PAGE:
Repeated and regular recreational drug use can lead to other problems, such as anxiety and depression. Some teenagers regularly use drugs or alcohol to compensate for anxiety, depression, or a lack of positive social skills. The use of tobacco and alcohol by teenagers can sometimes be a first step towards using other drugs, such as: marijuana, cocaine, hallucinogens, inhalants, and heroin. A combination of curiosity, the thrill of risk, and social pressure can sometimes make it very difficult for an adolescent to say no to drugs.

A teenager with a family history of alcohol or drug abuse, and a lack of social skills can move rapidly from experimentation to patterns of serious abuse or dependency. However, adolescents with no family history are also at risk. Teenagers with a family history of alcohol or drug abuse should be advised to refrain from taking drugs and not to experiment. No one can predict who will abuse or become dependent on drugs. Only the non-user will ever do so.

Warning signs of teenage drug or alcohol abuse include:

  • a drop in school performance,
  • a change in groups of friends,
  • delinquent behaviour,
  • deteriorating family relationships.

Physical signs may also be present. These include:

  • red eyes,
  • persistent cough,
  • persistent sniffing as if suffering from a cold,
  • change in eating and sleeping habits.

Alcohol or drug dependency may include blackouts, withdrawal symptoms, and more severe problems at home, school, or work.

Treating abuse and addiction

The first step in treatment is recognition by the individual that there is a problem. Also exclude underlying mental diseases. The family doctor or general practitioner will be able to advise on treatment for drug addiction. He or she may suggest a specialist doctor or healthcare professional.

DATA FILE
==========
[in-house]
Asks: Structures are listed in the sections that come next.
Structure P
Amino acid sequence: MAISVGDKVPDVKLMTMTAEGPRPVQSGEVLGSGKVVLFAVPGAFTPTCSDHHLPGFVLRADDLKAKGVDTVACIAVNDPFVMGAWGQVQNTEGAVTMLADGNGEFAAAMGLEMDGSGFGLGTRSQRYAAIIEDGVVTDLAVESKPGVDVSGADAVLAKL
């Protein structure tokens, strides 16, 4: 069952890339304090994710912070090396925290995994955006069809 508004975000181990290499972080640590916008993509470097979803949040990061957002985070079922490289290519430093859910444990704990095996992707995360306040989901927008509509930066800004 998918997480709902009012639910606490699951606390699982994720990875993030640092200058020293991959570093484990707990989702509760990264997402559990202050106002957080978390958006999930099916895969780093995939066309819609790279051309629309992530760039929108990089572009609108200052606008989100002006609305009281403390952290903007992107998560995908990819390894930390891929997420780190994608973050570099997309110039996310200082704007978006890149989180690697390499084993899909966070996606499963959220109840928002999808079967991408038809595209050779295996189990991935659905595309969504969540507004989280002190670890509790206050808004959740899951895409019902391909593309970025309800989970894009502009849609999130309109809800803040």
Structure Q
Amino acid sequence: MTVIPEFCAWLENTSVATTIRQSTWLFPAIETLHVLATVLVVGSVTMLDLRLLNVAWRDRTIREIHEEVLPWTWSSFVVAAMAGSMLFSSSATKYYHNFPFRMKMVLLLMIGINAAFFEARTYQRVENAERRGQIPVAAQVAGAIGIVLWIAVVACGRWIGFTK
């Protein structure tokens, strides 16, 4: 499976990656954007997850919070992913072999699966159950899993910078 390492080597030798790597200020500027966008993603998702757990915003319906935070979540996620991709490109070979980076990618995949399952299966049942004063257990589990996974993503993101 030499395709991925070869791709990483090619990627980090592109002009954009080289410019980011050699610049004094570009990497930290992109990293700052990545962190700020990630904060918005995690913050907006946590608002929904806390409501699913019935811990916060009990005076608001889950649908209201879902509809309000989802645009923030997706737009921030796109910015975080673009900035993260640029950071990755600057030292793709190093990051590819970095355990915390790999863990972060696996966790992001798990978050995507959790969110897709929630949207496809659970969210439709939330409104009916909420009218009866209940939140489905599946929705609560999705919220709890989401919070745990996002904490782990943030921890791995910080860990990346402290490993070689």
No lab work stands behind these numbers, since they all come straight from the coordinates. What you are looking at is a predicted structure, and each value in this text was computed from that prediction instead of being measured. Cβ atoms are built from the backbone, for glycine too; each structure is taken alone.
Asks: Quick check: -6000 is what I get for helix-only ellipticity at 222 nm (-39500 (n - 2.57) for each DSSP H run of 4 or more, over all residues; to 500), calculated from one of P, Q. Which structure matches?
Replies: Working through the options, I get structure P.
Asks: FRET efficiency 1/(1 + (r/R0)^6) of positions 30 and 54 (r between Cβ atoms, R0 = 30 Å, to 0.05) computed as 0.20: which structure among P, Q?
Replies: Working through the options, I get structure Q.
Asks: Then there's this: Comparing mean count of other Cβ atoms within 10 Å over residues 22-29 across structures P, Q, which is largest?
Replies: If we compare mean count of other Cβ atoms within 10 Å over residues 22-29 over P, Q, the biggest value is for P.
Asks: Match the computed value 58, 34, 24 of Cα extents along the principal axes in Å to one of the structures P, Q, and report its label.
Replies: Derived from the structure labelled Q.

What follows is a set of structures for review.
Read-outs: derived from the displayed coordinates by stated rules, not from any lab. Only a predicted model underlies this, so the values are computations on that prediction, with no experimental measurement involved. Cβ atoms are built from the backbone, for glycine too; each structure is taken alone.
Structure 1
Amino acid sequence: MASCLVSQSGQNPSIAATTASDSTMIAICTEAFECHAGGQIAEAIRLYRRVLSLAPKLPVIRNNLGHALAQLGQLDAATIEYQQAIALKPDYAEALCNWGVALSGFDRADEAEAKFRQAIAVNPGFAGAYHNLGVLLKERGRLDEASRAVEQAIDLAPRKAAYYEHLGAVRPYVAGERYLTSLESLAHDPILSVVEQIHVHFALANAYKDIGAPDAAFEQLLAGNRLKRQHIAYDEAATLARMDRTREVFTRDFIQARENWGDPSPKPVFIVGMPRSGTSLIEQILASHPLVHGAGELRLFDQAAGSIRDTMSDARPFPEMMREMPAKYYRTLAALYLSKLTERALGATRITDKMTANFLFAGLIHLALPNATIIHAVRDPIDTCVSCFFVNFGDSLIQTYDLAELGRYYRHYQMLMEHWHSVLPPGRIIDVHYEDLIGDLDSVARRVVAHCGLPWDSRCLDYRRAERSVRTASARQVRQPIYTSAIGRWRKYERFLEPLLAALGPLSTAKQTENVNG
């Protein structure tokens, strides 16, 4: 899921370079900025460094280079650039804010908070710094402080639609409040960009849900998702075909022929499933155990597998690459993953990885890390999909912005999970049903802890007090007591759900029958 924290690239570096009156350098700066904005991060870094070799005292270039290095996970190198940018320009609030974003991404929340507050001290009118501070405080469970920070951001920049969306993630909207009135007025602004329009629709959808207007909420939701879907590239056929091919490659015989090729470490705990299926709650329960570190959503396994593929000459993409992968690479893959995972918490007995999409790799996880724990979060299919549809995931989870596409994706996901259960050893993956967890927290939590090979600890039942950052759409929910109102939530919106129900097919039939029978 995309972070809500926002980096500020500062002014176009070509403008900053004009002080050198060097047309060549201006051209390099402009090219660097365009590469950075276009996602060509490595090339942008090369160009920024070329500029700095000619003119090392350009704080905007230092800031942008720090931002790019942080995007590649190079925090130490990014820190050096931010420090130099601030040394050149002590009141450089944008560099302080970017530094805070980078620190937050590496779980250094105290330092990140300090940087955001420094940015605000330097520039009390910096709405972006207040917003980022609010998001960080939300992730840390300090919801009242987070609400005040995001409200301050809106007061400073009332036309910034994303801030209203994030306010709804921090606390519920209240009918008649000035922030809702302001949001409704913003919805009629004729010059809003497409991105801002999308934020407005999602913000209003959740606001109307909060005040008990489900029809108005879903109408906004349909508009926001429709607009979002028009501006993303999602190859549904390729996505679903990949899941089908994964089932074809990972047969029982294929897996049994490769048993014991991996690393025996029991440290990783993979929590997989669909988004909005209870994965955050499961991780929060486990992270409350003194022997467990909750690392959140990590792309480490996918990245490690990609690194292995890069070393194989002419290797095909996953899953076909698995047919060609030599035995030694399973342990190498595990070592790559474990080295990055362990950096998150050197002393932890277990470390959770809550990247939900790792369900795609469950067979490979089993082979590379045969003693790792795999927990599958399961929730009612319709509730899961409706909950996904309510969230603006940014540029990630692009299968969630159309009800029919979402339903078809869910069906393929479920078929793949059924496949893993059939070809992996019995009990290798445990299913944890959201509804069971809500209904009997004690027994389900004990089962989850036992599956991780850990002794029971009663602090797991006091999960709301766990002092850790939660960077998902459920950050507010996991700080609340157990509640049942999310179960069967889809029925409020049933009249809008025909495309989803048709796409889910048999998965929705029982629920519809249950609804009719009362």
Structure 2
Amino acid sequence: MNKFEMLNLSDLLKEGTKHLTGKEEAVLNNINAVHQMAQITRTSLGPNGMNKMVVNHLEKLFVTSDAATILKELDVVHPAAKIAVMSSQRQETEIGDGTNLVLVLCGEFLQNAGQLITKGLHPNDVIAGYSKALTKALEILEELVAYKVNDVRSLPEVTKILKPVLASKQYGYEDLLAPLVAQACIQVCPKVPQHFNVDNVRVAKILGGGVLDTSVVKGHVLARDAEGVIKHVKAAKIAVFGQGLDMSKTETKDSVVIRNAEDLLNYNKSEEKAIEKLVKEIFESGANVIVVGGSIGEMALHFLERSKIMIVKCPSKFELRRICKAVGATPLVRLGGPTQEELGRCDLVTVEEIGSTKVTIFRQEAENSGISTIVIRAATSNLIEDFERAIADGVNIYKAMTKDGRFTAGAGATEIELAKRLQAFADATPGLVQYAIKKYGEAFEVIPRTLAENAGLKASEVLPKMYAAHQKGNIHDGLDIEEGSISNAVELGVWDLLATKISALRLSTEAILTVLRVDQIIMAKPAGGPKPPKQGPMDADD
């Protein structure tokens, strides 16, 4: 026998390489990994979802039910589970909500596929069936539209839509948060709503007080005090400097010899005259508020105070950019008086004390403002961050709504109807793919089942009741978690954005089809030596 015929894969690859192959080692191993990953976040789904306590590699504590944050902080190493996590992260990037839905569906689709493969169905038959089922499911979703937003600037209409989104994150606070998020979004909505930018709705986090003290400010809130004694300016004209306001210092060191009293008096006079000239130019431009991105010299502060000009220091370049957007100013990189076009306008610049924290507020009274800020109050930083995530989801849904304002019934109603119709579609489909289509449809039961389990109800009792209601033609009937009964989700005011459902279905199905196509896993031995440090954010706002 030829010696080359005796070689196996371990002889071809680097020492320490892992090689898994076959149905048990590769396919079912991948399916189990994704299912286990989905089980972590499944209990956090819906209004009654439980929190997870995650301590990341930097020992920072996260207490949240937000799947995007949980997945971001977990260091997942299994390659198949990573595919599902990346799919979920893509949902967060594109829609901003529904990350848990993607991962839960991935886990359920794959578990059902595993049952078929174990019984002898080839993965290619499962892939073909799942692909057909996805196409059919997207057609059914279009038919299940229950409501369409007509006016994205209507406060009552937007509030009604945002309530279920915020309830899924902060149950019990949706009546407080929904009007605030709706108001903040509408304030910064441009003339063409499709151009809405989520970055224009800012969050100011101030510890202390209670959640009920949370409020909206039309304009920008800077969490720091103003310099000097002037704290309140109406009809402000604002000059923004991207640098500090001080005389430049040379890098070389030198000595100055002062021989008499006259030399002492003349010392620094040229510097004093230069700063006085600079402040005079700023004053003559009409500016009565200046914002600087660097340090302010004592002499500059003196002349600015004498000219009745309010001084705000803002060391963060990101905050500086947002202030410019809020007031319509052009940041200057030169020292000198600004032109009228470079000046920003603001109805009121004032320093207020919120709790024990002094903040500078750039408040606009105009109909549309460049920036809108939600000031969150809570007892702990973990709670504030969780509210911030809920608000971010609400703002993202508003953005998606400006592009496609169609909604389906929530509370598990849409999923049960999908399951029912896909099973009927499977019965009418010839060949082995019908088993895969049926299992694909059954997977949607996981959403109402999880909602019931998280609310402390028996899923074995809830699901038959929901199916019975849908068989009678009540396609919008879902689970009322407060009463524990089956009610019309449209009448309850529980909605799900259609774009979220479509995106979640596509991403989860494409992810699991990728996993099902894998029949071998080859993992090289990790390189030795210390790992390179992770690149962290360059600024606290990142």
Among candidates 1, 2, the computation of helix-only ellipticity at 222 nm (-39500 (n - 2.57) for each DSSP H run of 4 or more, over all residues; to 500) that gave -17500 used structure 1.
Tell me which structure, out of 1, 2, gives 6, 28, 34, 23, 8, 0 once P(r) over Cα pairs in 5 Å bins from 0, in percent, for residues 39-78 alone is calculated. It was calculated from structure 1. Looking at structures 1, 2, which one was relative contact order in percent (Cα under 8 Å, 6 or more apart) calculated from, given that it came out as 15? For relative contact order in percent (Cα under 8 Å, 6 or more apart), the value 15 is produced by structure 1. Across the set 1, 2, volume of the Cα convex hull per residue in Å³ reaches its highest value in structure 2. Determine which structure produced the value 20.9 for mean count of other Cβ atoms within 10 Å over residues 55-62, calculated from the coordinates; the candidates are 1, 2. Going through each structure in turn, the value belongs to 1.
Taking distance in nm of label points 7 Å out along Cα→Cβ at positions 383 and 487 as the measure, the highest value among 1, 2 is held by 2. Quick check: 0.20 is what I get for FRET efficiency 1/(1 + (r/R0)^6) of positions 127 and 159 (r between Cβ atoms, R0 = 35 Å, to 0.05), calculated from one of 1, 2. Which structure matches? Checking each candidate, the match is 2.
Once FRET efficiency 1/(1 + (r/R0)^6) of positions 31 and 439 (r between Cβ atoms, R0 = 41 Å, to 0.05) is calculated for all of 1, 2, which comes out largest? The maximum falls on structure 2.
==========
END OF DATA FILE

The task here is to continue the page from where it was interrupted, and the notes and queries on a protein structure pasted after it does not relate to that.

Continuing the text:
People who have become physically or psychologically dependent on drugs or alcohol often realise that they are drinking or using more than they used to. They may then try to reduce their drug intake. This can involve cutting down the amount taken or switching to another drug. For example they may only drink or use on certain days or switch to another drug (e.g. whiskey to beer, cannabis to alcohol, heroin to methadone) etc.

In some cases attempting to cut down, involves a life change such as moving home or changing jobs. However, it is very common for these efforts to result in failure, to the astonishment and dismay of the individual. Users then have to face the fact that their drug abuse is beyond their control, and that they require help to deal their problem.

Treatment should be suited to the needs of the individual. No one treatment fits all. The choice of treatment will depend on the drug that is being abused as well as the person who is suffering from addiction. Treatments include psychological therapies, such as behaviour therapy, and medication to help the individual with withdrawal symptoms. Areas that are focussed on during treatment include:

  • detoxification (the process of stopping the drug while coping with physical addiction),
  • preventing relapse,
  • coping with relapse,
  • longer-term rehabilitation.